Current virtualisation statistics

Out of pure interest we just collected a snapshot of our current distribution of vitualisation technologies among our client base, below you will find the results (they are not taking into account distortions caused by virtualisation technology available by location, though):

Virtualisation Percentage
OpenVZ 25.21%
XEN PV 40.60%
XEN HVM 14.10%
KVM 20.09%

Xen HVM / Solus – Network card / driver issues

Every now and then we run into problems with fully virtualised VMs not recognising their assigned network card. Most often, this happens under Xen HVM and latest Debian/Ubuntu and even CentOS full or netinstall ISOs.

Under Solus CP, there is a very simple fix for this, though the custom config / change of network card does not seem to work properly. Pretty much every Linux distribution should recognise the ne2000 driver:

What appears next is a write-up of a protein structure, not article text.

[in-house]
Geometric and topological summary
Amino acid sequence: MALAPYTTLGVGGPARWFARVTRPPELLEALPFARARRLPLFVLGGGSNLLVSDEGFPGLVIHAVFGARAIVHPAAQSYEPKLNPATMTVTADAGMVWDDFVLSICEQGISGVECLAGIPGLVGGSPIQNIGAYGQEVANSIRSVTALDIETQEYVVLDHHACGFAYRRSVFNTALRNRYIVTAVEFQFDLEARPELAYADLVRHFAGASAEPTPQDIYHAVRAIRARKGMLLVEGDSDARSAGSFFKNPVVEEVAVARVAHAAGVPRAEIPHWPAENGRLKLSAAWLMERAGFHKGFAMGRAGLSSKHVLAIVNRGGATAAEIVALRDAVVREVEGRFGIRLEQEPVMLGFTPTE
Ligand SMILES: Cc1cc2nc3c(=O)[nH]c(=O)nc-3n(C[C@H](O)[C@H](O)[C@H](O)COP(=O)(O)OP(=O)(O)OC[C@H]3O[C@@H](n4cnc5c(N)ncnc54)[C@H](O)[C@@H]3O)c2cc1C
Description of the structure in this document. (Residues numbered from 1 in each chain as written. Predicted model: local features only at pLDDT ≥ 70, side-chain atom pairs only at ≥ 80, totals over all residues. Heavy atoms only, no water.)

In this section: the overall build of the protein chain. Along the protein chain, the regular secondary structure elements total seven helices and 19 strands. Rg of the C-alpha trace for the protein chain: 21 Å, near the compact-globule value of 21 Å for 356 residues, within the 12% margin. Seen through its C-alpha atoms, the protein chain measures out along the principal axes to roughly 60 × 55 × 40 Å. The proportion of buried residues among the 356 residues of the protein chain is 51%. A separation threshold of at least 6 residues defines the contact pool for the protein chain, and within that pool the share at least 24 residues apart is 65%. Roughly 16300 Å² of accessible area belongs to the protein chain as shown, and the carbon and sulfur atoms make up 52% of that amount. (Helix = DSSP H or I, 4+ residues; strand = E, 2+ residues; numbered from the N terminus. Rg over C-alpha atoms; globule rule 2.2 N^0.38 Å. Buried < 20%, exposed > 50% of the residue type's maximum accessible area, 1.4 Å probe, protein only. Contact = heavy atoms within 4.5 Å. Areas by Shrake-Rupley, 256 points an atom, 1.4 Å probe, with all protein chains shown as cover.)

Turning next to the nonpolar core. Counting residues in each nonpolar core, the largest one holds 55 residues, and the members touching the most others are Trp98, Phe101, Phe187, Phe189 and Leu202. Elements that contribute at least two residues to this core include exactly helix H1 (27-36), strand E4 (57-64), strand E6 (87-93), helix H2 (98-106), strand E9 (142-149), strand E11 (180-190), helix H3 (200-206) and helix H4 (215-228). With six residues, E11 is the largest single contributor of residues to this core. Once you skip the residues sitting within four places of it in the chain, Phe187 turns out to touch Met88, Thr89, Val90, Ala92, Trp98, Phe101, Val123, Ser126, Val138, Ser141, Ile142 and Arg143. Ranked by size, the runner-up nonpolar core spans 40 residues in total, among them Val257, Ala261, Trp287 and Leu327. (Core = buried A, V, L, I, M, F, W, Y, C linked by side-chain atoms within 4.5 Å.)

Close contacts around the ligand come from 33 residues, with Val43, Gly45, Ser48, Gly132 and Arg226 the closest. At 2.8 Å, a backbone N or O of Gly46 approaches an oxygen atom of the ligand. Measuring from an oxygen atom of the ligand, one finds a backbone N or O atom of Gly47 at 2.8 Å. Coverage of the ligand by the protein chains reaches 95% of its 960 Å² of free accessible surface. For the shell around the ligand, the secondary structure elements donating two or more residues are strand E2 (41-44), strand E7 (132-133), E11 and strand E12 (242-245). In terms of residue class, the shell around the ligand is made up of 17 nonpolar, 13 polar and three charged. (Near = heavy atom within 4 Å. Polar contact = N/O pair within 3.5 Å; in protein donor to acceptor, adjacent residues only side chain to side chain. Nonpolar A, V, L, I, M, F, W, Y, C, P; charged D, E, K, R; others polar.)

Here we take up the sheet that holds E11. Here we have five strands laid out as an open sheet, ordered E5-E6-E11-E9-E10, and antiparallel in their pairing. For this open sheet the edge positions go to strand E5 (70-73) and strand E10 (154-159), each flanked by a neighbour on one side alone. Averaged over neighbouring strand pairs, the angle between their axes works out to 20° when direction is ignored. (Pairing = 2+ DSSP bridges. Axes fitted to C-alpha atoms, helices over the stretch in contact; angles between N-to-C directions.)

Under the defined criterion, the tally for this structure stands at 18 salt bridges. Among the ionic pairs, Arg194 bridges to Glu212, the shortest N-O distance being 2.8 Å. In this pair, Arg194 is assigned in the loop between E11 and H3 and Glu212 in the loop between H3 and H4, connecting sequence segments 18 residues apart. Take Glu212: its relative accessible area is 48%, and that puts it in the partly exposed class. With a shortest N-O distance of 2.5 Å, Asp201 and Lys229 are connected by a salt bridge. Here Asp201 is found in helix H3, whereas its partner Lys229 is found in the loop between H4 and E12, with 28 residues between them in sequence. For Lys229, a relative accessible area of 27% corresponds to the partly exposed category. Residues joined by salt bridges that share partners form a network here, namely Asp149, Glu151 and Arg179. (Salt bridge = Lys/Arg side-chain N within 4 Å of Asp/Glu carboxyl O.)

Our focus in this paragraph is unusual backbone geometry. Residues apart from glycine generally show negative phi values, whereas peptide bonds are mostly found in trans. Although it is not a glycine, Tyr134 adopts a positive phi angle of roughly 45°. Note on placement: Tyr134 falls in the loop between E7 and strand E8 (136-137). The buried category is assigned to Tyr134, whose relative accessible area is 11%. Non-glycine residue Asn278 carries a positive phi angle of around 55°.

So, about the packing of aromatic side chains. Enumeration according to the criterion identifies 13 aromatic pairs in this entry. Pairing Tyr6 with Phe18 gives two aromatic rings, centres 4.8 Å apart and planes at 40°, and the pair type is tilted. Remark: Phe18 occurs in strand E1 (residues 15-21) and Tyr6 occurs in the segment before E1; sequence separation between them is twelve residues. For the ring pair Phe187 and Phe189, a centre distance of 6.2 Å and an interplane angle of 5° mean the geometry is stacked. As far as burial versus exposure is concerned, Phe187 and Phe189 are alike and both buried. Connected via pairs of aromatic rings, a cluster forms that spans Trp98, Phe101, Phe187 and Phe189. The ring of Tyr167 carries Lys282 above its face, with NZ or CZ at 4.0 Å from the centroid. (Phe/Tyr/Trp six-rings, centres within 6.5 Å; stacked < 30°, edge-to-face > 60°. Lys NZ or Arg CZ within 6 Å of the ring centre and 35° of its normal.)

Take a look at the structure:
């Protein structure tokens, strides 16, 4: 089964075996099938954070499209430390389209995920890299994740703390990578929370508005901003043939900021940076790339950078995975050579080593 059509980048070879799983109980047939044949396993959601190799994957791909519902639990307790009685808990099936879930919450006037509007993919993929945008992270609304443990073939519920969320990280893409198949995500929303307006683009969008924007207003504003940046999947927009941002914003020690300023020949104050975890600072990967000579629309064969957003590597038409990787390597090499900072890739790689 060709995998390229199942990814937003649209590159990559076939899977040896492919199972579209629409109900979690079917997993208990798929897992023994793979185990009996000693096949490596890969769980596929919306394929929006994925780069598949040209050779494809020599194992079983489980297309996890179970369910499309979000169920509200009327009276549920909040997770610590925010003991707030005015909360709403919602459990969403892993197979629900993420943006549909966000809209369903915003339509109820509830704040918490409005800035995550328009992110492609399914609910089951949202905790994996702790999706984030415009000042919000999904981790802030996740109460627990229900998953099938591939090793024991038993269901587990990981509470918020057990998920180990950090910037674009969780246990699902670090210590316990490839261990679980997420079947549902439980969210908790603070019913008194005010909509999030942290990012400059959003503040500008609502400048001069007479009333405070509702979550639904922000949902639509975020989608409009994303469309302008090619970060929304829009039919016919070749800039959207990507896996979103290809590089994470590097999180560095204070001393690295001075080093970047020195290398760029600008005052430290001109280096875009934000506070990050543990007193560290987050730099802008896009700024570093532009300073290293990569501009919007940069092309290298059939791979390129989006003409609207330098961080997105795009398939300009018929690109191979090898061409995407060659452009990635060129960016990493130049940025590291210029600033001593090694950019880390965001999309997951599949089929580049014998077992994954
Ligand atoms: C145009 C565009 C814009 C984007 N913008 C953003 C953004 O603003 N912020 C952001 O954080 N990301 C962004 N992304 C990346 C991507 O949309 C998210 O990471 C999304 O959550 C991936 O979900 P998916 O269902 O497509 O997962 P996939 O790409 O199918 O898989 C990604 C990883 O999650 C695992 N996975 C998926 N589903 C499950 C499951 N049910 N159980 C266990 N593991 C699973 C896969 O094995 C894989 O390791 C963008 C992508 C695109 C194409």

On the node with the VM having issues, go to /home/xen/vmID and check the vif line in the vmID.cfg file. Take note, and then go to (or create it if it does not exist yet) the hooks directory.

Create an executable file, and edit it as follows:

grep -Ev ‘vif’ /home/xen/vmID/vmID.cfg > /home/xen/vmID/vmID.cfg.tmp
mv /home/xen/vmID/vmID.cfg.tmp /home/xen/vmID/vmID.cfg
echo “vif        = ['ip=aaa.bbb.ccc.ddd, vifname=vifvmID.0, mac=..., rate=...KB/s, model=e1000']” >> /home/xen/vmID/vmID.cfg

Save it, and reboot your VM. This should let your VM find its network card and allow you to continue with the installation and subsequent production use.